FutureEcommerce Predictions Trends

5 Predictions for the Future of (Your) E-Commerce

What will 2018 look like for your online business?

Now’s the time to think about your goals for the year ahead and to plan for new challenges your business will face. What will your customers expect, and how can you stay competitive?

Take a look at these e-commerce trends for 2018 to get a sense of what’s coming and how to get ready.

1. Think mobile, mobile, mobile

The share of US e-commerce purchases made on mobile devices will nearly double over the next twelve months, rising from 19% to 27%, according to one study. Another estimate projects that mobile purchases will account for half of all e-commerce revenue by year’s end. Why the growth?

In part, it’s because people no longer sit down to their desks to make online purchases. They shop at the bus stop, on the train, in waiting rooms, and in bed just before they go to sleep. For most of us, it simply makes more sense to buy something on our phones when we need it (or when we remember that we need it) instead of setting aside a specific time and place to shop online.

As more retailers adopt a mobile-first strategy, smaller sellers have to make mobile shopping easier, too, or risk being abandoned by customers who want convenience.

How can you do this? First, make sure your online shop is optimized for use on smartphones. This goes beyond having a responsive site template and a readable display. Your shop must include fast page-load times—even on pages filled with product photos—as well as easy-to-navigate menus and the simplest possible secure payment options. (No one wants to key in a credit card number on their phone, especially in public.)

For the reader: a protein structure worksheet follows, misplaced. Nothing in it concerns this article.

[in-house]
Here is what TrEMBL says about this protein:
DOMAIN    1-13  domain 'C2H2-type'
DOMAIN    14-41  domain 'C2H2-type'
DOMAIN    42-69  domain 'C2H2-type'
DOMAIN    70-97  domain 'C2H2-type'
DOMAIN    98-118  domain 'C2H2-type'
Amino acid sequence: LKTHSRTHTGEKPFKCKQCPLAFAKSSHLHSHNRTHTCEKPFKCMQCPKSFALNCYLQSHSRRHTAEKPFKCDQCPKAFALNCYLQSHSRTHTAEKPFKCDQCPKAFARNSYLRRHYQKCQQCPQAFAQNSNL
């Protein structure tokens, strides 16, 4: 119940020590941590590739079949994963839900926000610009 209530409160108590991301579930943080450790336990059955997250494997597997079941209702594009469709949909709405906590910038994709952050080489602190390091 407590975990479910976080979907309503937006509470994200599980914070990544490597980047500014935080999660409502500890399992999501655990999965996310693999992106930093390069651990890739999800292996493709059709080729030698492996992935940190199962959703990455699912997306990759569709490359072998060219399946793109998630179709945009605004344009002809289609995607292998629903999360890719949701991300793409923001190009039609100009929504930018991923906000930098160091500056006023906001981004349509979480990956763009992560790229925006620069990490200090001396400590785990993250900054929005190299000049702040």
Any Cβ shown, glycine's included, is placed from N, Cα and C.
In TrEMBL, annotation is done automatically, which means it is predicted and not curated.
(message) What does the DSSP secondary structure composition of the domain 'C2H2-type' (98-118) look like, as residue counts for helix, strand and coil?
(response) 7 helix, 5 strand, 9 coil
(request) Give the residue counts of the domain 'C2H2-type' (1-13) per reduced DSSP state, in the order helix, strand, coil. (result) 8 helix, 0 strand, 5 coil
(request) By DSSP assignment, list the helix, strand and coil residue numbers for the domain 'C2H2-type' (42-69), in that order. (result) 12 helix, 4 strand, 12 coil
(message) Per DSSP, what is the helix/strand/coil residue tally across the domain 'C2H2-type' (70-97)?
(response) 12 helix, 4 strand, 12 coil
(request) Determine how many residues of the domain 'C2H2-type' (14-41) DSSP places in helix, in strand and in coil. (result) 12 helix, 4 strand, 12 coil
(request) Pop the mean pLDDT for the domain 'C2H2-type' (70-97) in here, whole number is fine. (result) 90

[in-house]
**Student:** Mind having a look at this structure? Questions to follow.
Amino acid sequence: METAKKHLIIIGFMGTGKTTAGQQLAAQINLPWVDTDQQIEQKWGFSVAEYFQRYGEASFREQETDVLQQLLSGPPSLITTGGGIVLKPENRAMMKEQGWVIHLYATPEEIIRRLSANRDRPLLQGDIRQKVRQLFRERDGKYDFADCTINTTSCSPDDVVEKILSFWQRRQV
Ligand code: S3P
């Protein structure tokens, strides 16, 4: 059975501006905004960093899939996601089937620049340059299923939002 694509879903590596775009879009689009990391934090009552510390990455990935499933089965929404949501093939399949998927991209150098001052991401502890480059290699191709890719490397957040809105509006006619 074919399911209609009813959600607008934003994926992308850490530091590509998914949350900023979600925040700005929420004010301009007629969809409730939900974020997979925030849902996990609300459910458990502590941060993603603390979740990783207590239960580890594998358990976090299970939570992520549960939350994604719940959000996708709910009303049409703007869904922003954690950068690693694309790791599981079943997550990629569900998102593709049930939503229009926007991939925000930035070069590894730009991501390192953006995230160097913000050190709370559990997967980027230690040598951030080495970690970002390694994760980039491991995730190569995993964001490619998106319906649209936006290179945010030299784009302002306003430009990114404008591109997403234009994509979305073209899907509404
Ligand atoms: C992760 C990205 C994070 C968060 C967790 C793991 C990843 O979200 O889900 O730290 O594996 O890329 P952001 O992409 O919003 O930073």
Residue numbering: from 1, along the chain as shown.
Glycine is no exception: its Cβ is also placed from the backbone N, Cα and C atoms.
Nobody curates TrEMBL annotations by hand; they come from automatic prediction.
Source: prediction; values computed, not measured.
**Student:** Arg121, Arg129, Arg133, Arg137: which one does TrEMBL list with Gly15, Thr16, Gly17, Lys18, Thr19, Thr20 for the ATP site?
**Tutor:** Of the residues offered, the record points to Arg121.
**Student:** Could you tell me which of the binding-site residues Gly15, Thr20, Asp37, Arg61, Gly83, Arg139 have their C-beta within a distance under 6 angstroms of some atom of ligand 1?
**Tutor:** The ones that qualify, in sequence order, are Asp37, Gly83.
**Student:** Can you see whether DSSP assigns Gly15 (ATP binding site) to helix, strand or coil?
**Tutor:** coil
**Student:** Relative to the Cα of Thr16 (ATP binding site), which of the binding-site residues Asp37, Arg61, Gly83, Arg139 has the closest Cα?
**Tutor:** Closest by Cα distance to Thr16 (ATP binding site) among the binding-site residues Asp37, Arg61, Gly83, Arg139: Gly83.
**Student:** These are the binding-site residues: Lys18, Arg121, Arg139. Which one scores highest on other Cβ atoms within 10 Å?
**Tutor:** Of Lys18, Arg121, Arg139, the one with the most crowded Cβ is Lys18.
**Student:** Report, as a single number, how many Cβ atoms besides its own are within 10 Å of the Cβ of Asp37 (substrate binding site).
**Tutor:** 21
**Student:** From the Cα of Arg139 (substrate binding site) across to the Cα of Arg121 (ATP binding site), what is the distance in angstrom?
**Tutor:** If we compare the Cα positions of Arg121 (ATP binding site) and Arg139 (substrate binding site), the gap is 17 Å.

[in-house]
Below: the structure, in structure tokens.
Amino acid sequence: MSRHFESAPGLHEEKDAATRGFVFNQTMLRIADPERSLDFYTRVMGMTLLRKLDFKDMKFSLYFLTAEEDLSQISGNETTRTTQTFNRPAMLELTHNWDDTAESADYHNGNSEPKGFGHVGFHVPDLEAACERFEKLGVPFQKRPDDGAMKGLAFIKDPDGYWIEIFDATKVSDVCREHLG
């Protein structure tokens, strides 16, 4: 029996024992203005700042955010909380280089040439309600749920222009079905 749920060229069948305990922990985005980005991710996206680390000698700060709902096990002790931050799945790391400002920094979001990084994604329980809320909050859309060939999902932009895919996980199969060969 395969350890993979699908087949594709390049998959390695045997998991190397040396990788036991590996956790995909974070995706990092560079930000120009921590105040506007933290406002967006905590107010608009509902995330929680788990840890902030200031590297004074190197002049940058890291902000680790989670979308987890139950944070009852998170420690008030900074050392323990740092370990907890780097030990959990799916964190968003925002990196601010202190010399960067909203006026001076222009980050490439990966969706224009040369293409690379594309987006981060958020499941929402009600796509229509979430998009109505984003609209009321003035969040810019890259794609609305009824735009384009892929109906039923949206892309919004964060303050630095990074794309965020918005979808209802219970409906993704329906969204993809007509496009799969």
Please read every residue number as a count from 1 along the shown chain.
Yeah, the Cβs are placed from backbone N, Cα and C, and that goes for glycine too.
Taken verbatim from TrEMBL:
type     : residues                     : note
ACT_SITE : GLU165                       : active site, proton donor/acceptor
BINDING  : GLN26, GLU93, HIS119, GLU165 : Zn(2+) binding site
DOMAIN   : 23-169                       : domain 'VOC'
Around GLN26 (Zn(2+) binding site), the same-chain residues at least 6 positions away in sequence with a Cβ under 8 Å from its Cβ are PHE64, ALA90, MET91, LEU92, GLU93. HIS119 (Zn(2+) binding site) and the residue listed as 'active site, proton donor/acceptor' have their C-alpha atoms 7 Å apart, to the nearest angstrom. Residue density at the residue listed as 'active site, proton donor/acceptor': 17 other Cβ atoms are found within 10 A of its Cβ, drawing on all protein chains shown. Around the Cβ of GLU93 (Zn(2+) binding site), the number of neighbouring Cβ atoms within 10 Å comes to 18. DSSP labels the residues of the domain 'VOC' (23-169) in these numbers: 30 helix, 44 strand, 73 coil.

Learn more about mobile e-commerce best practices.

2. Provide personalized shopping experiences

One of the most helpful shopping trends to evolve from the combination of data analytics and automation is the personalized shopping experience. Every time Amazon suggests products you may like or Sephora shows you a menu of products that go with the items you’ve added to your basket, that’s personalization in action.

Increasingly, consumers expect merchants to provide that unique experience. Besides keeping shoppers on your site, personalization can boost your bottom line.

According to Bart Mroz at Multichannel Merchant, “retailers that implement personalization strategies see sales gains of 6%-10%, a rate two to three times larger than other retailers, according to Boston Consulting Group research.” But less than 10% of retailers serve up personalized product suggestions.

That means there’s plenty of room for your store to gain an advantage, and the technology required to offer personalization isn’t restricted to major retailers. E-commerce platform extensions, like Nosto and Softcube for Magento, integrate personalization into your store with just a few clicks.

Learn more about e-commerce personalization here.

3. Learn to love luxury

Remember 2012, when Millennials were going to destroy the economy with their thrifty ways? It turns out that being careful with money when you’re young frees you up to really treat yourself as you get older.